Geopolitical Situation, Cotton, and Textiles Sector
Steady increase in cotton price is creating havoc in the Indian textiles sector resulting in decreased production and reducing work week by a day in textile mills in India, says Prof Seshadri Ramkumar of Texas Tech University, USA
Ongoing political crisis in Europe, Sri Lanka and Pakistan are influencing the global cotton and textiles sector, manufacturing, and global economy.
Rise in prices, inflation, and political crisis in some parts of the world are having direct effect on the recent Presidential election in France. Worries on the increase in energy cost due to probable embargo on Russian gas and oil by EU countries is genuine among consumers, while making buying decisions on non-essential items.
Ripple effects from COVID-19 are seen in different sections of the society, which is more evident in Sri Lanka. With the decrease in foreign tourism, the economy of Sri Lanka has taken a severe hit, which has been in decline due to mismanagement for over a decade and due to heavy foreign debts. In addition to economic fallouts, political crisis in Pakistan and Europe due to Russian invasion of Ukraine is adding to the pain as well.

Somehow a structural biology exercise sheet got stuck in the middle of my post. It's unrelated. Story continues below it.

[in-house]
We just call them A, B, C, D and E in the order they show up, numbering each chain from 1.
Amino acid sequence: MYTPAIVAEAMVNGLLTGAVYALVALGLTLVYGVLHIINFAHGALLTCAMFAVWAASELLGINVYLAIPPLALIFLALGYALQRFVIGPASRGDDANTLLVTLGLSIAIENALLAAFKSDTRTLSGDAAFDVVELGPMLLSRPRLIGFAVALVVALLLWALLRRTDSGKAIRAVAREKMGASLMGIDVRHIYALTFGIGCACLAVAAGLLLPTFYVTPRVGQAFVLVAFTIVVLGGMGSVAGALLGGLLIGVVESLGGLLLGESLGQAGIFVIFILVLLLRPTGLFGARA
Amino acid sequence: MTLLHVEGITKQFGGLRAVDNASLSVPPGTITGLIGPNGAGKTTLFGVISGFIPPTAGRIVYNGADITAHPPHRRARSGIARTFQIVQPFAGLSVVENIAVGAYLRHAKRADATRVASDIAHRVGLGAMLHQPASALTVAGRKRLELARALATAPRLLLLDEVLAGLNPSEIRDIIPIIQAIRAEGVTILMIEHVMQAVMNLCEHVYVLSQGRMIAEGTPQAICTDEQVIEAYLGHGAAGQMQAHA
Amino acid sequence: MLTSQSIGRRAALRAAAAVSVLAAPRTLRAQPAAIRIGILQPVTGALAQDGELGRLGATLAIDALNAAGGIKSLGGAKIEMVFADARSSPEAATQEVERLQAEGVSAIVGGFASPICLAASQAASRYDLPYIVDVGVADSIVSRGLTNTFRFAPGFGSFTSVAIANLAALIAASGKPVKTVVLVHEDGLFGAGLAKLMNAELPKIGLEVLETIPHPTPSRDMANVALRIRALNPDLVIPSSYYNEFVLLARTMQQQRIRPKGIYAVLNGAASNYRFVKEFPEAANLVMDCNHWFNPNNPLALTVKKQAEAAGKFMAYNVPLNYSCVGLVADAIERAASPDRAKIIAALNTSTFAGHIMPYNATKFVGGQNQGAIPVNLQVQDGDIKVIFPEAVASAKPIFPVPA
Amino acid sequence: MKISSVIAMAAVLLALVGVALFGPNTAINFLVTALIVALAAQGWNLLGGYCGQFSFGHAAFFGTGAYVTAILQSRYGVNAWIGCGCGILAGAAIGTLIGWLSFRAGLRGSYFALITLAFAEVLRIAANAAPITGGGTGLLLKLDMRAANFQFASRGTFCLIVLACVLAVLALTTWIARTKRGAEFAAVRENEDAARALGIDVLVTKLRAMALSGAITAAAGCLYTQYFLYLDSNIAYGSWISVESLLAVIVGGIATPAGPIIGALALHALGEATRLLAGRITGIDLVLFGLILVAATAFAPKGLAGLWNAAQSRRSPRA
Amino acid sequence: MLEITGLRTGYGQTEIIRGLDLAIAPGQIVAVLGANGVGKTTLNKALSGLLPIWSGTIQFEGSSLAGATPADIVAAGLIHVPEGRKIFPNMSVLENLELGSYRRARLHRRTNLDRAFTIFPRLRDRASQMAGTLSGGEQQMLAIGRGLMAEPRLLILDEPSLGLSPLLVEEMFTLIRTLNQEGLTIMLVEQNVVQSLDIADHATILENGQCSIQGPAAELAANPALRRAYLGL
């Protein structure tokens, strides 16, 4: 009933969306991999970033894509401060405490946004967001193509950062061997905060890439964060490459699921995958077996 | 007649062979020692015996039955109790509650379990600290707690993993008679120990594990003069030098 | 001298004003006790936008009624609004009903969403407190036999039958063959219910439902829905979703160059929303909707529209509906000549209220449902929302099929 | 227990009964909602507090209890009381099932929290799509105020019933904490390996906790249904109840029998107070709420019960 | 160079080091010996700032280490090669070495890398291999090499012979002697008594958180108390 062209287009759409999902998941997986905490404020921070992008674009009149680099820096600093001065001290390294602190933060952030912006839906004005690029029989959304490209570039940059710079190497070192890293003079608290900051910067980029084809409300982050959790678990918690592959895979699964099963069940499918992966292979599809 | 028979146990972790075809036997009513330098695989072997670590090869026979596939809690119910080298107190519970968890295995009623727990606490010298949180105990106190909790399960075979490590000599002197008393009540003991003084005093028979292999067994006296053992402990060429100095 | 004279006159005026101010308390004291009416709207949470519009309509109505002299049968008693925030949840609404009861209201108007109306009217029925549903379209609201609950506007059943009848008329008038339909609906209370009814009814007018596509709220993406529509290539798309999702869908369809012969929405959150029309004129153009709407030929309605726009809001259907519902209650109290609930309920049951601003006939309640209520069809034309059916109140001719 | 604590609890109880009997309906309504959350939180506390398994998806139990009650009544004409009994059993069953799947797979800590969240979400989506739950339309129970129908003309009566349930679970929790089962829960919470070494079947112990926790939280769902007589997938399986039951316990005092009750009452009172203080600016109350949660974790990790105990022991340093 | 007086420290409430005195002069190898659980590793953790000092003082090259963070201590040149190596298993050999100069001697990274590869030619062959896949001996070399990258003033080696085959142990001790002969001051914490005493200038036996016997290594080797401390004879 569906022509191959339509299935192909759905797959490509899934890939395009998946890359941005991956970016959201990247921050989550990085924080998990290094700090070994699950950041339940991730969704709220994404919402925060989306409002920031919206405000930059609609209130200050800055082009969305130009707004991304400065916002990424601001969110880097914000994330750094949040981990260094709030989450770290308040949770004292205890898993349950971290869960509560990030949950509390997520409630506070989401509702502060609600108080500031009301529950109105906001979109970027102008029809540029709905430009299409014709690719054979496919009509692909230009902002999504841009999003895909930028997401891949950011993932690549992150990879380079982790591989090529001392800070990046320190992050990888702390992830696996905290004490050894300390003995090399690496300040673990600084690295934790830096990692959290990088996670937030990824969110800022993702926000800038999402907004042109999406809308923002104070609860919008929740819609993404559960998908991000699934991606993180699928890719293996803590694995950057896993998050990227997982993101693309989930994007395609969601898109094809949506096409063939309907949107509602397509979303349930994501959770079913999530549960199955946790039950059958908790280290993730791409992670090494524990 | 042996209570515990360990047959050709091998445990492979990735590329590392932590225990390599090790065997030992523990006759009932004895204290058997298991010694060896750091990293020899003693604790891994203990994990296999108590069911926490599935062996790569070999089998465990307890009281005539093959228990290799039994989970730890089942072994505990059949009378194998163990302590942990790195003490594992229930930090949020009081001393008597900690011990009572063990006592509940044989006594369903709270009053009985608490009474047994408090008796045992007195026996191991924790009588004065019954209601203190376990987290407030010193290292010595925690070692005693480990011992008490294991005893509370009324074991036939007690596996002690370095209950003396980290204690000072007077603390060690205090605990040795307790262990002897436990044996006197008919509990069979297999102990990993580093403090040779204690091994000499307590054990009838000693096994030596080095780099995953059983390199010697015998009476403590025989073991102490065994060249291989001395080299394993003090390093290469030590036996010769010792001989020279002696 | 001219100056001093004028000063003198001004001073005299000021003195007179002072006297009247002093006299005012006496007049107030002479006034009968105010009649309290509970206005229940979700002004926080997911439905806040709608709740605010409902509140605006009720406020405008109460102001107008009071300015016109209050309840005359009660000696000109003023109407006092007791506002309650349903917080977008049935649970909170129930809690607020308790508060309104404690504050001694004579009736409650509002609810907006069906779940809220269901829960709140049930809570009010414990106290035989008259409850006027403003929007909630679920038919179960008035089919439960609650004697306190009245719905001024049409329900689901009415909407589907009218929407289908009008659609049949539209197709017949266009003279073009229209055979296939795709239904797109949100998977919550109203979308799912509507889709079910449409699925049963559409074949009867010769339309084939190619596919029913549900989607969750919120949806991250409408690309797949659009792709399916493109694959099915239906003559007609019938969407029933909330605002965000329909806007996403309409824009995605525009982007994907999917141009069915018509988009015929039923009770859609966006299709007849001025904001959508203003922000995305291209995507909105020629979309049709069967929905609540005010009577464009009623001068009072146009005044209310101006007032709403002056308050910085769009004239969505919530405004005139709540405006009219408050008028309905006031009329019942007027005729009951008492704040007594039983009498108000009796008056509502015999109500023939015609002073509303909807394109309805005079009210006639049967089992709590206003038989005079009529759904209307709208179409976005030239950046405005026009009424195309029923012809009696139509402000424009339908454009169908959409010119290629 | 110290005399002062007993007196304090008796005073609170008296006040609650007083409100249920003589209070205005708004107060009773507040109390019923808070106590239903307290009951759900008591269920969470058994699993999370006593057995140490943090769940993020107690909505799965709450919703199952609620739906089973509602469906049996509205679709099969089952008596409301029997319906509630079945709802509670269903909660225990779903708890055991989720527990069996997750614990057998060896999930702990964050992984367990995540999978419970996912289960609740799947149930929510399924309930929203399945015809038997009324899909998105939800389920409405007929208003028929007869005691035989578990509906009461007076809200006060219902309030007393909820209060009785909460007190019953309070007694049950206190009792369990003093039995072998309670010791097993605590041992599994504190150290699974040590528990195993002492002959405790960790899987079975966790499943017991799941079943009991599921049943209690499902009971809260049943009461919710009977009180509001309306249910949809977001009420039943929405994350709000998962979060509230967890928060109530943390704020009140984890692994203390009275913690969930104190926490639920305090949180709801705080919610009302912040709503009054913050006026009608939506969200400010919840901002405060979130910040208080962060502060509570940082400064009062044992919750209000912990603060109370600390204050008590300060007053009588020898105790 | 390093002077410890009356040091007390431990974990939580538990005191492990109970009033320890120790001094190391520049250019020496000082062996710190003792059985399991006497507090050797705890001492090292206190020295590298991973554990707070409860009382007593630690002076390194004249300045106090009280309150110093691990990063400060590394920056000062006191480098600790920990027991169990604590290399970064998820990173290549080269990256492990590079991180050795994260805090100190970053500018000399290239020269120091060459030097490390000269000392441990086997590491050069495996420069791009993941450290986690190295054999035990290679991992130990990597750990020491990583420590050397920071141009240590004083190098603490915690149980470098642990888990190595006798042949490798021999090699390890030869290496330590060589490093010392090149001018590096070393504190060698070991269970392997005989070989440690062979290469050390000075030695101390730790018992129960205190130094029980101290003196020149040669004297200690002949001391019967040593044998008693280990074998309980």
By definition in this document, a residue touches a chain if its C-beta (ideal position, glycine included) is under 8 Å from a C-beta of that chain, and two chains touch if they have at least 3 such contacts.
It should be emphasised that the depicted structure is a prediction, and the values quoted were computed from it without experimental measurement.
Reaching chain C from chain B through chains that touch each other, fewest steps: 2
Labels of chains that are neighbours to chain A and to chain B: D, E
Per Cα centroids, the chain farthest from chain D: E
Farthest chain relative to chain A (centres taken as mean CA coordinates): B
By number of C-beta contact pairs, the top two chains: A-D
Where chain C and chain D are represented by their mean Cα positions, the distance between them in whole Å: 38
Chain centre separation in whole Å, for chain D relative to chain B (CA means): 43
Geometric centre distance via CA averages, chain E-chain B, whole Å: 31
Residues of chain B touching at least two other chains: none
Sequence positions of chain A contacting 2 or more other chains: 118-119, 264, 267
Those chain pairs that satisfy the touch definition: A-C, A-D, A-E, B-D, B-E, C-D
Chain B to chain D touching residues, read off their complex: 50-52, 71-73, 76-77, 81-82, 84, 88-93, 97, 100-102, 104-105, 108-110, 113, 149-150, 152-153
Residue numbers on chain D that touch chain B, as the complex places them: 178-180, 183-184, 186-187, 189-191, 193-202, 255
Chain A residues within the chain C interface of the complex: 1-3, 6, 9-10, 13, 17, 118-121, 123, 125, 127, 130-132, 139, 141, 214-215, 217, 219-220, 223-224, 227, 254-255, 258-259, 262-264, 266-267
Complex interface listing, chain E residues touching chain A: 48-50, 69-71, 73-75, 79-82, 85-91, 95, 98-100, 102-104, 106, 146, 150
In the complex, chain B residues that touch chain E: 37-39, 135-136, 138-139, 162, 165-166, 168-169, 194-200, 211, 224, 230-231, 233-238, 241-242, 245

All these instabilities are showing its impacts on the global cotton and textile sectors. This is immediately felt in a major textile producing country, say India. The economic and political crisis in some parts of the world should result in favourable conditions for textile manufacturing in India, but this is not the case. Steady increase in cotton price is creating a havoc in the Indian textiles sector resulting in decreased production and reducing work week by a day in textile mills in India.
Sri Lanka is a leading garment producer supplying to global brands. Lack of power and the ongoing political crisis is affecting many sectors of the country. “While orders from Sri Lanka are getting diverted to Tiruppur in India, steep cotton price in India is not helping the situation,” stated Velmurugan Shanmugam, a 30-year industry veteran and the general manager of Aruppukkottai-based Jayalakshmi Textiles.
In many mills, production has been slashed by 20 percent resulting in loses. Higher cotton prices are not absorbed by upstream products like yarns. “Weavers are not willing to pay higher prices,” added Velmurugan Shanmugam.
Cotton prices have doubled in a year and the present situation is worse than 2011 when cotton price was steep. Textile mills in India are demanding Indian government to slash 11% import duty on cotton, which will create a level playing field with competing countries like Bangladesh, Vietnam, and Indonesia.
Cautious stock maintenance, negotiating with the government for adequate support, efficient workflow management and watching the global situations carefully are a few near term solutions for the global textiles sector.
About the Author:
Dr Seshadri Ramkumar is the Professor, Nonwovens & Advanced Materials Laboratory, at Texas Tech University, Texas, USA. He can be reached on email: email@example.com, or http://www.tiehh.ttu.edu/sramkumar